“Together we will cry and face fear and grief. I will want to take away your pain, but instead I will sit with you and teach you how to feel it.” ~ Brené Brown, The Wholehearted Parenting Manifesto
On the day your loved one died, or perhaps the day when you realized your loved one was going to die, grief turned up on the front doorstep of your family home, bags in hand, and said: “I intend to stay for quite some time.”
Perhaps you stood in the doorway stammering in shock, as grief squeezed by you as though it had no time to wait for an invitation. Or perhaps you took a firmer stance and said something like, “We have no room for you, grief, and you’ve come at a terrible time.” Either way, it doesn’t matter because grief could care less about being an imposition.
When a loved one dies, grief moves in. It becomes a part of your family. It sits at your dining room table and it attends every family holiday. You can try to wait it out, thinking that if you don’t make space for grief it will eventually leave, but this never works because grief will just cram itself into corners and closets and all the other empty spaces it can find.
I understand the reasons why you might not want to embrace grief. Maybe you’re worried that if you open yourself up to grief it will take over everything and you’ll lose control. Maybe you don’t know your strength and you worry that grief will hurt too much. Or perhaps, thinking of your family, your children who’ve already been through so much, and your belief that you need to be strong for everyone else, you decide that being vulnerable is too much of a risk.
After all, think about all that’s at stake — the wellbeing of your children, their future, your relationship with them, your sense of identity as a parent. I know, you have enough worries to keep you awake for weeks to come! But these are worries, not realities and as you run around slamming doors on grief and worrying about (possible) future outcomes, you are missing the opportunity to connect with your child in the present and to show them what it truly means to be strong and brave in the face of fear.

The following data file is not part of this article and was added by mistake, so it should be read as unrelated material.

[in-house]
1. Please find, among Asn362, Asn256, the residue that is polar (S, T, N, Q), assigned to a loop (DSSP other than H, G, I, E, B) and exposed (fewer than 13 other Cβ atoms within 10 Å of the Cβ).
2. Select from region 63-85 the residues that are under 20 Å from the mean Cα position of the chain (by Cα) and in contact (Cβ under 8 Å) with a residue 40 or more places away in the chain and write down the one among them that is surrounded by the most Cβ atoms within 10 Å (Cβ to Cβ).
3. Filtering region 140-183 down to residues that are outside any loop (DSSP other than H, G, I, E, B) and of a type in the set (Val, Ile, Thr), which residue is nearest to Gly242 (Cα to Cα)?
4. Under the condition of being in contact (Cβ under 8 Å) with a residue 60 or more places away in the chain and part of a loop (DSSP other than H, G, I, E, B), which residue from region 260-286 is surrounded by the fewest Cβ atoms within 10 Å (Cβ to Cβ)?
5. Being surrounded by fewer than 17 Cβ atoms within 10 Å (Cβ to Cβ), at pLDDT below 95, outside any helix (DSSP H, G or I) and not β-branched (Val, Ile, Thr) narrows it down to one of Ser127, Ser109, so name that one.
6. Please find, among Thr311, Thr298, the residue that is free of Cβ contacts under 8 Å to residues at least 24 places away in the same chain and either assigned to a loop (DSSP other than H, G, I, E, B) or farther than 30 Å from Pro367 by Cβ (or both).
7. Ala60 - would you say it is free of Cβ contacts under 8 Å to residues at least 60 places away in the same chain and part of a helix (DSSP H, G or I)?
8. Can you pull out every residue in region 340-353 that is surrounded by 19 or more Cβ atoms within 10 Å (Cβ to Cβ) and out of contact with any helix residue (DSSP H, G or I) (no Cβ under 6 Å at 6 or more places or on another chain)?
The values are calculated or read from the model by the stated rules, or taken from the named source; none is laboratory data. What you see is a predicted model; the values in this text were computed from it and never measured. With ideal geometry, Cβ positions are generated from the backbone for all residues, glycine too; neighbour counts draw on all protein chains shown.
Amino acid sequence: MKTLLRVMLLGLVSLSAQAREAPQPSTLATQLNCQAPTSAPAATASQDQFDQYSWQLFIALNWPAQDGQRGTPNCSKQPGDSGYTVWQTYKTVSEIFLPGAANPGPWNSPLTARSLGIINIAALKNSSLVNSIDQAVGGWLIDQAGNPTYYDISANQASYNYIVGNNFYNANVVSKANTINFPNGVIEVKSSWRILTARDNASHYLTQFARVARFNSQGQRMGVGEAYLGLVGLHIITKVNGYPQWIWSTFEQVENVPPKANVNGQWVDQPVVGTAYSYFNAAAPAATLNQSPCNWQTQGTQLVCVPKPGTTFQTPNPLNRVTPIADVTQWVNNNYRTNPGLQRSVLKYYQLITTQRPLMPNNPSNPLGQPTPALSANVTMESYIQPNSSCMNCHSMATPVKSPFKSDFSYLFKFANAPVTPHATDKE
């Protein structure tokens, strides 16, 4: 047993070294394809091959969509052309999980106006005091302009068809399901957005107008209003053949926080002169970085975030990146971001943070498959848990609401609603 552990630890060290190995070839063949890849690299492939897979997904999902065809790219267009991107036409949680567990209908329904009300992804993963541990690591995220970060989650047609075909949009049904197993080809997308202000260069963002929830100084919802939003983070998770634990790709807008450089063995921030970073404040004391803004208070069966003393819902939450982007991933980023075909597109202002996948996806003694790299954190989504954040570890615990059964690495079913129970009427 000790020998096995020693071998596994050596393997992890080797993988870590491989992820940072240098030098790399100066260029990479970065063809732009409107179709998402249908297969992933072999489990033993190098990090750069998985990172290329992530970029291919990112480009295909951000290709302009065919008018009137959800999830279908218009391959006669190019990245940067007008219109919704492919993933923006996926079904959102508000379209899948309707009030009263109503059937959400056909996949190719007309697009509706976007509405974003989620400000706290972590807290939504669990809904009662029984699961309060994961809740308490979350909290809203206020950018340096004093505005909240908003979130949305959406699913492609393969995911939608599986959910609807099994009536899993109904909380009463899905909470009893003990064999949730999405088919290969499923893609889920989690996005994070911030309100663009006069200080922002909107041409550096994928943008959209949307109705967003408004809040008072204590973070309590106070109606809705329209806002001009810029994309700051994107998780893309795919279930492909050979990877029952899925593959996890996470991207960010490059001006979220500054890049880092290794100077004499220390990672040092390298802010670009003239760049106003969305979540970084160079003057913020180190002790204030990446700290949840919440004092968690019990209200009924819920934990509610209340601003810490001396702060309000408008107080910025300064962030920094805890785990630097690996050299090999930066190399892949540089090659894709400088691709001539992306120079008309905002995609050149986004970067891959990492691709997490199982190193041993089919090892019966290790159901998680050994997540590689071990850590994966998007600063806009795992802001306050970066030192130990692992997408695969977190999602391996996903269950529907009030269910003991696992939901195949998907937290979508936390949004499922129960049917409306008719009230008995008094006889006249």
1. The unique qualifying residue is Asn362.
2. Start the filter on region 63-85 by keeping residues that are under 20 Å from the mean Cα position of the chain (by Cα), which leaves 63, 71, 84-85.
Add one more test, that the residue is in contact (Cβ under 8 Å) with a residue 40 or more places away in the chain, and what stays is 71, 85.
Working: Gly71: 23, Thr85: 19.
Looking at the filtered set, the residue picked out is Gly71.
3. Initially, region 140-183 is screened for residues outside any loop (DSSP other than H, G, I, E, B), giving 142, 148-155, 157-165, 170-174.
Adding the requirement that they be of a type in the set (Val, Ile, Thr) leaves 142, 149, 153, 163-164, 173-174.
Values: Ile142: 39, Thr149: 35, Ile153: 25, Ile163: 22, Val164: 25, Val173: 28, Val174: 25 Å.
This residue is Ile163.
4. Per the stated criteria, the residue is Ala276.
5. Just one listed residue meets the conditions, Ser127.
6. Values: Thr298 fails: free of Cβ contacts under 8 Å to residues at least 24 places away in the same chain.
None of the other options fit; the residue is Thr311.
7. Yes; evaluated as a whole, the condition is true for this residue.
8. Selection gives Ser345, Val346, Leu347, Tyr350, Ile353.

Not to make things more complicated, but I suppose once you decide to be strong, brave, and present you must also decide what these things look like. In many ways these things are subjective, but I will tell you what they are not. They are not running away, hiding, denying reality, or closing your eyes very tightly and wishing away the thing that scares you. These behaviors are seldom synonymous with strength and bravery and they always prevent you from being present.
Strength and bravery more often look like staring the thing that scares you in the eye and saying — I know you will cause me pain, but I can deal with you; I know you will hurt a lot at first, but I can tolerate you; I know you will make me weak at times, but I will try to learn and grow from you. And most importantly, I will make room for you because we’re all sick of tiptoeing around, wondering when you’re going to pop out from whatever small space you’re hiding in and startle us.
Those who grieve for your loved one will likely do so forever, but please don’t feel discouraged by this thought. As time goes on the look and feel of grief will change. You’ll still have bad grief days from time-to-time, but eventually, they’ll be outnumbered by good ones. And although you’ll still experience negative thoughts and emotions, their intensity will greatly diminish and in the space they once occupied something good will flourish. Because by making room for grief, you’ve drawn it out of the darkness. You’ve accepted it as a part of you and your family and you’ve created a space where your family’s abiding love for the person who died can continue to thrive.